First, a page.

How to map JSON objects using generic Hibernate Types

Introduction

Since not all relational database systems support JSON types, Hibernate does not come with a built-in JSON Type mapper. Traditionally, all custom types have been supplied via a UserType implementation. However, a UserType is not very developer friendly so, in this post, I’m going to show how you can do a better job using AbstractSingleColumnStandardBasicType instead.

The Domain Model

Assuming we have the following Domain Model:

JsonTypeDomainModel

Location and Ticket are JSON Object(s), while Event and Participant are JPA entities. Our goal is to provide a Hibernate JSON Type that works for any type of JSON Java Object and on any relational database that supports JSON columns.

Generic JSON Types

First of all, we need a Jackson-based utility to allows us to easily transform JSON Object(s) to and from String:

public class JacksonUtil {

    public static final ObjectMapper OBJECT_MAPPER = new ObjectMapper();

    public static <T> T fromString(String string, Class<T> clazz) {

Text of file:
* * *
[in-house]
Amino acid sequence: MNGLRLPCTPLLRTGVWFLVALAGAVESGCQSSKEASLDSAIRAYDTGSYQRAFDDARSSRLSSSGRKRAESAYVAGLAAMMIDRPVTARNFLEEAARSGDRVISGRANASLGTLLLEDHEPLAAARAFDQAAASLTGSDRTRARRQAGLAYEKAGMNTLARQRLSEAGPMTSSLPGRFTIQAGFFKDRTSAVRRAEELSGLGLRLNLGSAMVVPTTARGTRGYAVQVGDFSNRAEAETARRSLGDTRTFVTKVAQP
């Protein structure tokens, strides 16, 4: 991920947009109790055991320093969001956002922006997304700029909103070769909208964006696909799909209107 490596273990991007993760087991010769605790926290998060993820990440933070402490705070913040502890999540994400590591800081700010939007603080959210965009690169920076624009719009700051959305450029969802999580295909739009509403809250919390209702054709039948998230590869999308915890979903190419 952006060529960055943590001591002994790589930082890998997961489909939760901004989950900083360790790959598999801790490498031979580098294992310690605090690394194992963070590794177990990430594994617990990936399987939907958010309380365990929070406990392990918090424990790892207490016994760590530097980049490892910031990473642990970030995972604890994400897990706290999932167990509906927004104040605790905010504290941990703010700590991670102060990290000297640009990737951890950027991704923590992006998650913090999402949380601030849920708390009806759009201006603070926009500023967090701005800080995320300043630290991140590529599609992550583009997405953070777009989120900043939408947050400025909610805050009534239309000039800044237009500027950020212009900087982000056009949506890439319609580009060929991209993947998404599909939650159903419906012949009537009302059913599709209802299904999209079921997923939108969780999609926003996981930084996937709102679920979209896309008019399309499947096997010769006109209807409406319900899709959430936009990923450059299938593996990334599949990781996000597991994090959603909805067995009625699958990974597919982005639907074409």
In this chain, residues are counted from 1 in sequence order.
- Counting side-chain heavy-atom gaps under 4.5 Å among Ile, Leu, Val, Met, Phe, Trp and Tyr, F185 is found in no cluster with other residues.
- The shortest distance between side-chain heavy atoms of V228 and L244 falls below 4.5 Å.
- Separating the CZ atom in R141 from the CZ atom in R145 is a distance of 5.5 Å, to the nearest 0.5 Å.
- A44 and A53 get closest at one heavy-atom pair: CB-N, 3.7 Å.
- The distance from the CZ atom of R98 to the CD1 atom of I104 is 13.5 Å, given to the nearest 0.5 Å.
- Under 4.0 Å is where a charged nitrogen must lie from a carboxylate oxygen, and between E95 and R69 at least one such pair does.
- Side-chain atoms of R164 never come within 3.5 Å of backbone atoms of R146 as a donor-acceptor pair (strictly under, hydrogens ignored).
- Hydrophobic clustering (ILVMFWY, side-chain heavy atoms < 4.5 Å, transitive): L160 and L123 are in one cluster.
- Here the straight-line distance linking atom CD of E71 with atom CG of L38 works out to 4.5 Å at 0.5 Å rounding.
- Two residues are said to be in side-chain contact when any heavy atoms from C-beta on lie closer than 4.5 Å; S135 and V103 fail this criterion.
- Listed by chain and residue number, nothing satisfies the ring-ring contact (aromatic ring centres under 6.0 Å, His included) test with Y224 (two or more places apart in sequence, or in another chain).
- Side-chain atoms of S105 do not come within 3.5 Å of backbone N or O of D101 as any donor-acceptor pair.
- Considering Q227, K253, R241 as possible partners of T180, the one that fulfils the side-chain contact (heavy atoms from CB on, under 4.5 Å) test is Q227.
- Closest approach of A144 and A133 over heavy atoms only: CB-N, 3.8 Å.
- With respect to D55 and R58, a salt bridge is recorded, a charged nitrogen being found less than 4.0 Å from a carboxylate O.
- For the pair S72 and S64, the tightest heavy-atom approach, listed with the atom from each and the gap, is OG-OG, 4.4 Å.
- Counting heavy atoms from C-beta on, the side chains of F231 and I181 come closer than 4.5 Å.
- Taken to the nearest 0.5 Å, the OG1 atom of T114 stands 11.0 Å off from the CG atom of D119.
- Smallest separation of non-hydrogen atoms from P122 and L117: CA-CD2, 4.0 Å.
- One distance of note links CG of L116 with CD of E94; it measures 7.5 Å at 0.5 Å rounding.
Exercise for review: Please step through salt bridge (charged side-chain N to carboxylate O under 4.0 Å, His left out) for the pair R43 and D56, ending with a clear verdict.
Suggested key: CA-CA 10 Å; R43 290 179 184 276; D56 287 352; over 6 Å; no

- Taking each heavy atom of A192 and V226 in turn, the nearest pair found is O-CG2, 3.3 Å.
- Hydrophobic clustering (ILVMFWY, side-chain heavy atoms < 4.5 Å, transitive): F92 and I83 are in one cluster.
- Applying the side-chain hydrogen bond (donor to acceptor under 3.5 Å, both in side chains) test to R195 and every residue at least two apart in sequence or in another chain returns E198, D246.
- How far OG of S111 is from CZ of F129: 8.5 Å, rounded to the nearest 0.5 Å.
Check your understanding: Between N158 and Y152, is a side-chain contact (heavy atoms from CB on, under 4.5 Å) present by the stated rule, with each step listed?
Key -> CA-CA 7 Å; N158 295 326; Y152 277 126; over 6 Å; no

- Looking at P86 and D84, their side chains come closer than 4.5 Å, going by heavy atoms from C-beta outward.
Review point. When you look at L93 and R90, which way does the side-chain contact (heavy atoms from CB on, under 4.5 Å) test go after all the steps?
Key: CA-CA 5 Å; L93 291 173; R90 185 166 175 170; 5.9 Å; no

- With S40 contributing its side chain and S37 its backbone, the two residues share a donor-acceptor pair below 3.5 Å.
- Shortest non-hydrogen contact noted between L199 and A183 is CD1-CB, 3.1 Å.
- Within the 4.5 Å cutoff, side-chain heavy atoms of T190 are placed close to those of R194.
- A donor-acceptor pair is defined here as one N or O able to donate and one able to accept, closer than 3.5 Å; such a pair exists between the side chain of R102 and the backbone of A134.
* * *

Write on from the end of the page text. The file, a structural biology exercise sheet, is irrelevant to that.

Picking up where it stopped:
try {
            return OBJECT_MAPPER.readValue(string, clazz);
        } catch (IOException e) {
            throw new IllegalArgumentException("The given string value: " 
                + string + " cannot be transformed to Json object");
        }
    }

    public static String toString(Object value) {
        try {
            return OBJECT_MAPPER.writeValueAsString(value);
        } catch (JsonProcessingException e) {
            throw new IllegalArgumentException("The given Json object value: " 
                + value + " cannot be transformed to a String");
        }
    }

    public static JsonNode toJsonNode(String value) {
        try {
            return OBJECT_MAPPER.readTree(value);
        } catch (IOException e) {
            throw new IllegalArgumentException(e);
        }
    }

    public static <T> T clone(T value) {
        return fromString(toString(value), (Class<T>) value.getClass());
    }
}

There are two ways to send a JSON Object to the database:

  • using a String
  • using a binary representation of the actual JSON Object

For this reason, we are going to implement two types: JsonBinaryType and JsonStringType.

JsonBinaryType

The binary type looks as follows:

public class JsonBinaryType
    extends AbstractSingleColumnStandardBasicType<Object> 
    implements DynamicParameterizedType {

    public JsonBinaryType() {
        super( 
            JsonBinarySqlTypeDescriptor.INSTANCE, 
            new JsonTypeDescriptor()
        );
    }

    public String getName() {
        return "jsonb";
    }

    @Override